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20 mm lens experiment, P-G filmsite


Daniel Perez
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I don't offer this remark as a conclusion, more of a thoughtful consideration, the proverbial "food for thought"

 

An unskilled camera operator points the camera at the subject and holds it there. Bob did this filming Roger riding along a road, then riding toward camera and passing the camera (the scenes where the reddish foliage seems to overwhelm the setting. These are the shots where Roger is unmistakably identifiable 9as compared to the others where the man is either back to camera or in silhouette. 

Plus in the last of these segments, there's a clear operator error an unskilled operator might make, and Bob admits he had no camera or photography skills.

 

A more skilled camera operator or cinematographer likes to pan away from the main subject to take in the surrounding scenery, as we see in the first two segments and the last, the man riding away from camera down the road. Roger, by 1967, was a relatively skilled camera operator, based on his other documentary footage, and the various cameras and lenses he used.

 

It was largely on this basis that I offer my opinion on which shots are Bob, not Roger. 

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Does the pre-encounter sequence clue us in as to the detail we could expect to see on Patty?   That is, before the encounter we have the Bob and Roger on the film complete with footage of the woods and fall trees.   If no changes were made to the camera after, the camera goes into the saddle bags based on the last settings and last use.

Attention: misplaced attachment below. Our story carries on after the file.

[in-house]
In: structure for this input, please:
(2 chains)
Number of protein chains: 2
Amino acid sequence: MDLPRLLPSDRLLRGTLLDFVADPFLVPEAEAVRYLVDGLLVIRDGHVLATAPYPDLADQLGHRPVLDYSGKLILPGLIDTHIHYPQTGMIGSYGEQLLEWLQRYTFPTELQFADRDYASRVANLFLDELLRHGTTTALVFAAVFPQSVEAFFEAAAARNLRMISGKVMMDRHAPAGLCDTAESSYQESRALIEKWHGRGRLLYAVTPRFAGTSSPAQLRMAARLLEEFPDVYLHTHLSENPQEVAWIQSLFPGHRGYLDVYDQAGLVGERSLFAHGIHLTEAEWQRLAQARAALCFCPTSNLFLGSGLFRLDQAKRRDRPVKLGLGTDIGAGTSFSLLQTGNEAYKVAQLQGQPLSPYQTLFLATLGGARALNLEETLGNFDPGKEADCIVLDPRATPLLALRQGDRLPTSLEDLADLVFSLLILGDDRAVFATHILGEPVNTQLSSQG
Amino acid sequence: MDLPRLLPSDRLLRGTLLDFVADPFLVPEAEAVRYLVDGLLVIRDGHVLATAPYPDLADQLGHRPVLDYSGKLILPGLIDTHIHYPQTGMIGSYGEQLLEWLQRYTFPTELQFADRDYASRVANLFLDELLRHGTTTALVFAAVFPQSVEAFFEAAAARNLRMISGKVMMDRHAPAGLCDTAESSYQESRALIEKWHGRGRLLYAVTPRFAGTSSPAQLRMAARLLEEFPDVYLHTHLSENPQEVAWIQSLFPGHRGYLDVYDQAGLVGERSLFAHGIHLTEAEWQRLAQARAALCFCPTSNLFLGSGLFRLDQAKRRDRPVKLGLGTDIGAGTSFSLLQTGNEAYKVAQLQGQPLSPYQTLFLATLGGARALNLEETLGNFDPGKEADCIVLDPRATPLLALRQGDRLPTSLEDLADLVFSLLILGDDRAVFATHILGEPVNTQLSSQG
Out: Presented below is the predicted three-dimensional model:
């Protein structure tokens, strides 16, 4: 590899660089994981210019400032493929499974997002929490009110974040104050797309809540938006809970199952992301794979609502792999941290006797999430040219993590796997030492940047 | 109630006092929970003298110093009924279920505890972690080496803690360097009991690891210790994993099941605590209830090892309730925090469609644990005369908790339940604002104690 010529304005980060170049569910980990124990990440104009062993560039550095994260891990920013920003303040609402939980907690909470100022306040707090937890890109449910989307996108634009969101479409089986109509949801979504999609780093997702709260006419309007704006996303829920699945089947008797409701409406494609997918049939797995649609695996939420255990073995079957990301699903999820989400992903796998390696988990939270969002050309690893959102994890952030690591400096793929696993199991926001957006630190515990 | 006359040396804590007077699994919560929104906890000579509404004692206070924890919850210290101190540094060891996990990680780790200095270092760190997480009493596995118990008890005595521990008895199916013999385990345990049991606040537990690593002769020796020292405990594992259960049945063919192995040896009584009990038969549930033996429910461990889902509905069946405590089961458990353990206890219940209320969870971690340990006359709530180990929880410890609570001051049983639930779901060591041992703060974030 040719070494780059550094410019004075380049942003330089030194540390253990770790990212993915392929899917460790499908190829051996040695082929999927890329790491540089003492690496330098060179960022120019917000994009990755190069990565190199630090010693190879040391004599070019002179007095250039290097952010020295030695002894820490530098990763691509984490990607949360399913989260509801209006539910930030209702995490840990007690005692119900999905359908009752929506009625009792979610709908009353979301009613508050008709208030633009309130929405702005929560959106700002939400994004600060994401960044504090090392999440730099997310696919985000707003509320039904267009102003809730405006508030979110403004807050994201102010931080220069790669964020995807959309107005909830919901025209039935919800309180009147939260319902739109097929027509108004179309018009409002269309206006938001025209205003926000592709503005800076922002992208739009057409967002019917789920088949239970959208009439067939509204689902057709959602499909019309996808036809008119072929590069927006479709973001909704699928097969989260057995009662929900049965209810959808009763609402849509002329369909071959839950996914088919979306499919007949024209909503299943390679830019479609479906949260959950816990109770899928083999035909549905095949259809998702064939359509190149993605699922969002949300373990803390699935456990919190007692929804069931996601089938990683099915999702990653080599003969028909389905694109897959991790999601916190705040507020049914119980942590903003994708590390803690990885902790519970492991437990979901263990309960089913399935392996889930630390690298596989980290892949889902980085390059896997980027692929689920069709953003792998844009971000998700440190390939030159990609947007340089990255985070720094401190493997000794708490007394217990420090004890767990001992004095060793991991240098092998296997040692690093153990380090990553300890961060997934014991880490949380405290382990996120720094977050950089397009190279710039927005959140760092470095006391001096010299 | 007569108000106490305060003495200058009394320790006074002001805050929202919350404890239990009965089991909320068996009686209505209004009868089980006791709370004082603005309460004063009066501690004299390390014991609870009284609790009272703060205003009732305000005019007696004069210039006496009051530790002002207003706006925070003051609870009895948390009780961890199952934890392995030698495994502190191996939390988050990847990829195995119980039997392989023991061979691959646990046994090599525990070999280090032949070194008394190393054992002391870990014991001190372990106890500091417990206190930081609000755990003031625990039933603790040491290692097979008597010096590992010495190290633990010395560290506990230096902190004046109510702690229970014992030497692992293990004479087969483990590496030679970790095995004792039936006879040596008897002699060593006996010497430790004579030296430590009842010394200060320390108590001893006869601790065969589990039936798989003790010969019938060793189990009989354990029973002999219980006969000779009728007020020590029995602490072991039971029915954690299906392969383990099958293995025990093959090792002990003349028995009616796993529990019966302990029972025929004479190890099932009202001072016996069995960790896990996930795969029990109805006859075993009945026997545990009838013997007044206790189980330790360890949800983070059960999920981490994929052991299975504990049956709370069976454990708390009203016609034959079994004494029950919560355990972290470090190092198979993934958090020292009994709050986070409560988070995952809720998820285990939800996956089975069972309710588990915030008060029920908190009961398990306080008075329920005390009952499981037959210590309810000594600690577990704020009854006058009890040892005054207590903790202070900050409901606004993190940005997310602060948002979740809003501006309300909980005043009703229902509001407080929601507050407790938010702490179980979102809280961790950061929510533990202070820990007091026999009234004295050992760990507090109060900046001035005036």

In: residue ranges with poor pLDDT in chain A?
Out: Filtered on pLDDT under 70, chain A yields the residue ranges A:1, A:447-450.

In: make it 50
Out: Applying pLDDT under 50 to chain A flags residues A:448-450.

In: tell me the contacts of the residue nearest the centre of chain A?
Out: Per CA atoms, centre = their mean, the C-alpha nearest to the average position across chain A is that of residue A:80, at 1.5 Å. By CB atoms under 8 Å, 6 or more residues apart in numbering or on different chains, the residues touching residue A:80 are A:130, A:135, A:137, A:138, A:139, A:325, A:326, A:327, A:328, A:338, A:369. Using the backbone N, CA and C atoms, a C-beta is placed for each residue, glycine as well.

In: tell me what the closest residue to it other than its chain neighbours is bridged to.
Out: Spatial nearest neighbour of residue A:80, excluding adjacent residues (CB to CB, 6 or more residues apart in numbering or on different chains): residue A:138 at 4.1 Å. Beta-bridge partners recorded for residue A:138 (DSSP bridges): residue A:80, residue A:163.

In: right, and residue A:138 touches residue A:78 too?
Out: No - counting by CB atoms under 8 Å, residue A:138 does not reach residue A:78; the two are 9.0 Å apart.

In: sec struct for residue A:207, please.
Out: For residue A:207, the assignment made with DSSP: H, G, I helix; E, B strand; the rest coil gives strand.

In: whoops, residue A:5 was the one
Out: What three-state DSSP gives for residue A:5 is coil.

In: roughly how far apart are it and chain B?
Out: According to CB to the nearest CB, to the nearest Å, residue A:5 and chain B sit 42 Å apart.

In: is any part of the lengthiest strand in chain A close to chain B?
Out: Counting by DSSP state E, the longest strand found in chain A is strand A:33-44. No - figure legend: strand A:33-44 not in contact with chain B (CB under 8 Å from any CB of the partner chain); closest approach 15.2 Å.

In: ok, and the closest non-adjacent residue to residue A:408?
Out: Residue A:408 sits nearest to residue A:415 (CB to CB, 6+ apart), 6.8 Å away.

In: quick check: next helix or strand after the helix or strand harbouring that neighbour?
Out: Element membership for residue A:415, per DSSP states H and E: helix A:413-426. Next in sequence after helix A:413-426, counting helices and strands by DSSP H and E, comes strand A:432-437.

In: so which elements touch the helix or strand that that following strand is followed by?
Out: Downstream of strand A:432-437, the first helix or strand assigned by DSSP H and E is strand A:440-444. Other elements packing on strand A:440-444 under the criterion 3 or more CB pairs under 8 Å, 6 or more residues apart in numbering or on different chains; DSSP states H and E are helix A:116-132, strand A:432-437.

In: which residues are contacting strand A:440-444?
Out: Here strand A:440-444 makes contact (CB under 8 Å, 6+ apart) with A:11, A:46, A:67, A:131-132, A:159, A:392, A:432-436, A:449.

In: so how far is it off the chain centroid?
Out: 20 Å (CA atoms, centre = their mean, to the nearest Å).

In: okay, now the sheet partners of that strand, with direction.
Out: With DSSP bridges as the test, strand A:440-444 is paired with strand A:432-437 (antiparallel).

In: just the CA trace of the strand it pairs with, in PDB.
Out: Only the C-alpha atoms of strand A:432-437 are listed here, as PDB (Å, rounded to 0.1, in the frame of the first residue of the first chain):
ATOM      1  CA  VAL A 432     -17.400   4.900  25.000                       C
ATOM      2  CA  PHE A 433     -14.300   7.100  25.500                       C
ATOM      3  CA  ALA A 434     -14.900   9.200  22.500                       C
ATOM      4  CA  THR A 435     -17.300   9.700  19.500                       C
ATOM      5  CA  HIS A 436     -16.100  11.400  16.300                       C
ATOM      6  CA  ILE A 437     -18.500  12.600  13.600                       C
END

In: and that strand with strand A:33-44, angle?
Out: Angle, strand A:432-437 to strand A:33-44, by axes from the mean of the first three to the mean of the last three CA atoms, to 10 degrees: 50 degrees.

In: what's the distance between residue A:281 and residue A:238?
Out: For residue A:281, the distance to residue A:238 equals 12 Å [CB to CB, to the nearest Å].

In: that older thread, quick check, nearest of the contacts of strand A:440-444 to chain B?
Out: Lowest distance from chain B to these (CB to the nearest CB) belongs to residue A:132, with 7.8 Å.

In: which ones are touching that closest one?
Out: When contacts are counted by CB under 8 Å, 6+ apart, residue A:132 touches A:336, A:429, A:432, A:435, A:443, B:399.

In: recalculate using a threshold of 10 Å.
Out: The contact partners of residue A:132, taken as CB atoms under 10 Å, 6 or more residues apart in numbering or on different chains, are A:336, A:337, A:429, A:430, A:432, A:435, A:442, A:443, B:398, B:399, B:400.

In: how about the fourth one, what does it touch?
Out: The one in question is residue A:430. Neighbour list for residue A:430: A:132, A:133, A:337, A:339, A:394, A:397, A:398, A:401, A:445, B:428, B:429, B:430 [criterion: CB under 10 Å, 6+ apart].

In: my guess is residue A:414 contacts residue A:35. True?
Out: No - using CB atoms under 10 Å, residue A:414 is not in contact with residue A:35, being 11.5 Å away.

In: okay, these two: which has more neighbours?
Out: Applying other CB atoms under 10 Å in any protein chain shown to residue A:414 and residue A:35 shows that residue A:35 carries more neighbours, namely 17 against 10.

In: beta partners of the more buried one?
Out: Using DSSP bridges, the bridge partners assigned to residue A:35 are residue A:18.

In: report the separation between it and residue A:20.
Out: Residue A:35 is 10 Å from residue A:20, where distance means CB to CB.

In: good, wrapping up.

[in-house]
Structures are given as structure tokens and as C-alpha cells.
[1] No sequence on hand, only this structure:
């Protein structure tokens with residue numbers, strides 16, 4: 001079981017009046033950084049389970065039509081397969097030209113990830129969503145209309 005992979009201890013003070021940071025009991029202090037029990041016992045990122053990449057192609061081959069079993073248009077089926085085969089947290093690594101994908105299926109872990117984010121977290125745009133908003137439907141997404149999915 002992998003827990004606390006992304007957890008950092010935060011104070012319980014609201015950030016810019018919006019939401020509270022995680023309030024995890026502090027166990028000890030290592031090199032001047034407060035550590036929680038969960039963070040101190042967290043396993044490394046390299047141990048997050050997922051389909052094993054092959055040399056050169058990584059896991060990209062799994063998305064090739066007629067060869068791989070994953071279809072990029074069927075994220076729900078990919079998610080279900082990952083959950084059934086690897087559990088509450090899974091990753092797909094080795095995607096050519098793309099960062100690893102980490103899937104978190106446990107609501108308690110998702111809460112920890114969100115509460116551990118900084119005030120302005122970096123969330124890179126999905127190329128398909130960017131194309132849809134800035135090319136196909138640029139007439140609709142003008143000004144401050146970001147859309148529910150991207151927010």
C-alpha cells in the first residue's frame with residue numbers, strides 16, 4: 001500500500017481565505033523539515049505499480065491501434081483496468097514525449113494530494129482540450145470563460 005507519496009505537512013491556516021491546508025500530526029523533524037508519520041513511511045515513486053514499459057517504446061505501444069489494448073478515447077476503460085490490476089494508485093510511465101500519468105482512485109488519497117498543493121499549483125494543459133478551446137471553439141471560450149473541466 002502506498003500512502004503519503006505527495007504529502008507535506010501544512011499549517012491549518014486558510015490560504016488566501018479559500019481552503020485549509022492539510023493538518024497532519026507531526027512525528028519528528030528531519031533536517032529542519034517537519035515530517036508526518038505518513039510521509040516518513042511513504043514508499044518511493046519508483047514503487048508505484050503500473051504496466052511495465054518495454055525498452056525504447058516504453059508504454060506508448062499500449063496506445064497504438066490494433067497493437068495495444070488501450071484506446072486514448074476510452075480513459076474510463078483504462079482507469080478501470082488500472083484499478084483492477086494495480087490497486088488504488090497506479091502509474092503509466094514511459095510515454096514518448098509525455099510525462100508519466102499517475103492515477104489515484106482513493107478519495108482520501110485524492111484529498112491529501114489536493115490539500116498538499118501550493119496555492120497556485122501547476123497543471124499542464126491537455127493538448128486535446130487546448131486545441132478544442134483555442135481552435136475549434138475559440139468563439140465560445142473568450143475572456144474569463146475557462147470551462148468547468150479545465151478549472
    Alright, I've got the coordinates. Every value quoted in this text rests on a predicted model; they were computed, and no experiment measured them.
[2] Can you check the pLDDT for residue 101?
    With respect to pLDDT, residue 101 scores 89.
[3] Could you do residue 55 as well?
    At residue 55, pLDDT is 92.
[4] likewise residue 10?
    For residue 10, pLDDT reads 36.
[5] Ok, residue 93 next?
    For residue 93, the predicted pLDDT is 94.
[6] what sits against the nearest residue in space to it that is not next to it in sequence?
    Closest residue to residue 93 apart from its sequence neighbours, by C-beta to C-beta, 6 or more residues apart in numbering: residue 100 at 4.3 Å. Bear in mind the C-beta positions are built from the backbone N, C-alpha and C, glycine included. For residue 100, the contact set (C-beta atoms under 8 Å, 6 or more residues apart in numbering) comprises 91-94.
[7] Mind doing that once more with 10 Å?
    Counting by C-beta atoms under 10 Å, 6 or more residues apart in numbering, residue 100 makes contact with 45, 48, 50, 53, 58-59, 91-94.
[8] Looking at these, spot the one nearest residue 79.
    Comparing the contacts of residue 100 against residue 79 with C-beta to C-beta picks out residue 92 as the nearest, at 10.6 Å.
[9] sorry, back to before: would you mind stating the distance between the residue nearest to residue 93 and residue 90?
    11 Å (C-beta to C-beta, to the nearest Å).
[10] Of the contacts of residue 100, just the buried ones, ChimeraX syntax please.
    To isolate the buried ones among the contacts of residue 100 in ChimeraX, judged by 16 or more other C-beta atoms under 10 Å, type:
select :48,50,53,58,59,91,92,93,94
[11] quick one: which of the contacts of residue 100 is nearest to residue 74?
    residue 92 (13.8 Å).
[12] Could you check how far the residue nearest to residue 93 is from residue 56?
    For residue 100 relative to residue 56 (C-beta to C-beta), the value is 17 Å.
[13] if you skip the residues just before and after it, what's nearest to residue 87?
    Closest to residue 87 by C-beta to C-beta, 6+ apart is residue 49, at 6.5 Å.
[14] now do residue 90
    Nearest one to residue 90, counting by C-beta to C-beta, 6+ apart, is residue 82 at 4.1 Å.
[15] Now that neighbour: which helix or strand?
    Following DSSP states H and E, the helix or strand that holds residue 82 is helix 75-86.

Many argue how much detail we can see on the PGF, Patty specifically.  Example:    Some see lips and face movements on Patty.  Some see bulging muscle injuries.  Other claim to see a zipper and so on.  Some see extreme detail I doubt they could really see while others pretend the very good detail we can see if just a blob.

 

I have in the past suggested we compare the detail of what we see on the Jim McClarin walk to Patty.  Yet, that was filmed with another camera the following spring/summer.   

Roger's film captured the pre-encounter sequences as well as the PGF encounter on the same film from the same camera.  

 

It makes the most sense to compare Roger and Bob pre-encounter with Patty.  Whatever the detail level we can see on Roger or Bob or the Horses should define what we could expect to see on Patty.  If we can't make out extreme detail such as if Roger had a watch on or what time was on his watch we can't expect some Extreme Detail claims of Patty to be accurate.   The opposite holds true.  If the horses muscle movements or details of the Roger and Bob figures are fairly obvious then we should say that defines at least what we should be able to see on Patty.  

 

Roger, Bob, and the horses appearing in the pre-encounter part of the film should be a minimal standard to guide us.  The detail we can identify there should tell us some of the detail we can see on Patty.   

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The level of detail is largely determined by two things, the type of film (and how fine a grain it has) and the size of the subject in a full frame picture. So the first order of business would be to compare Patty's size to the images of Bob or Roger, since they're the same film (and same reel). I haven't done so my self, but it is an interesting avenue to explore. A worthy suggestion.

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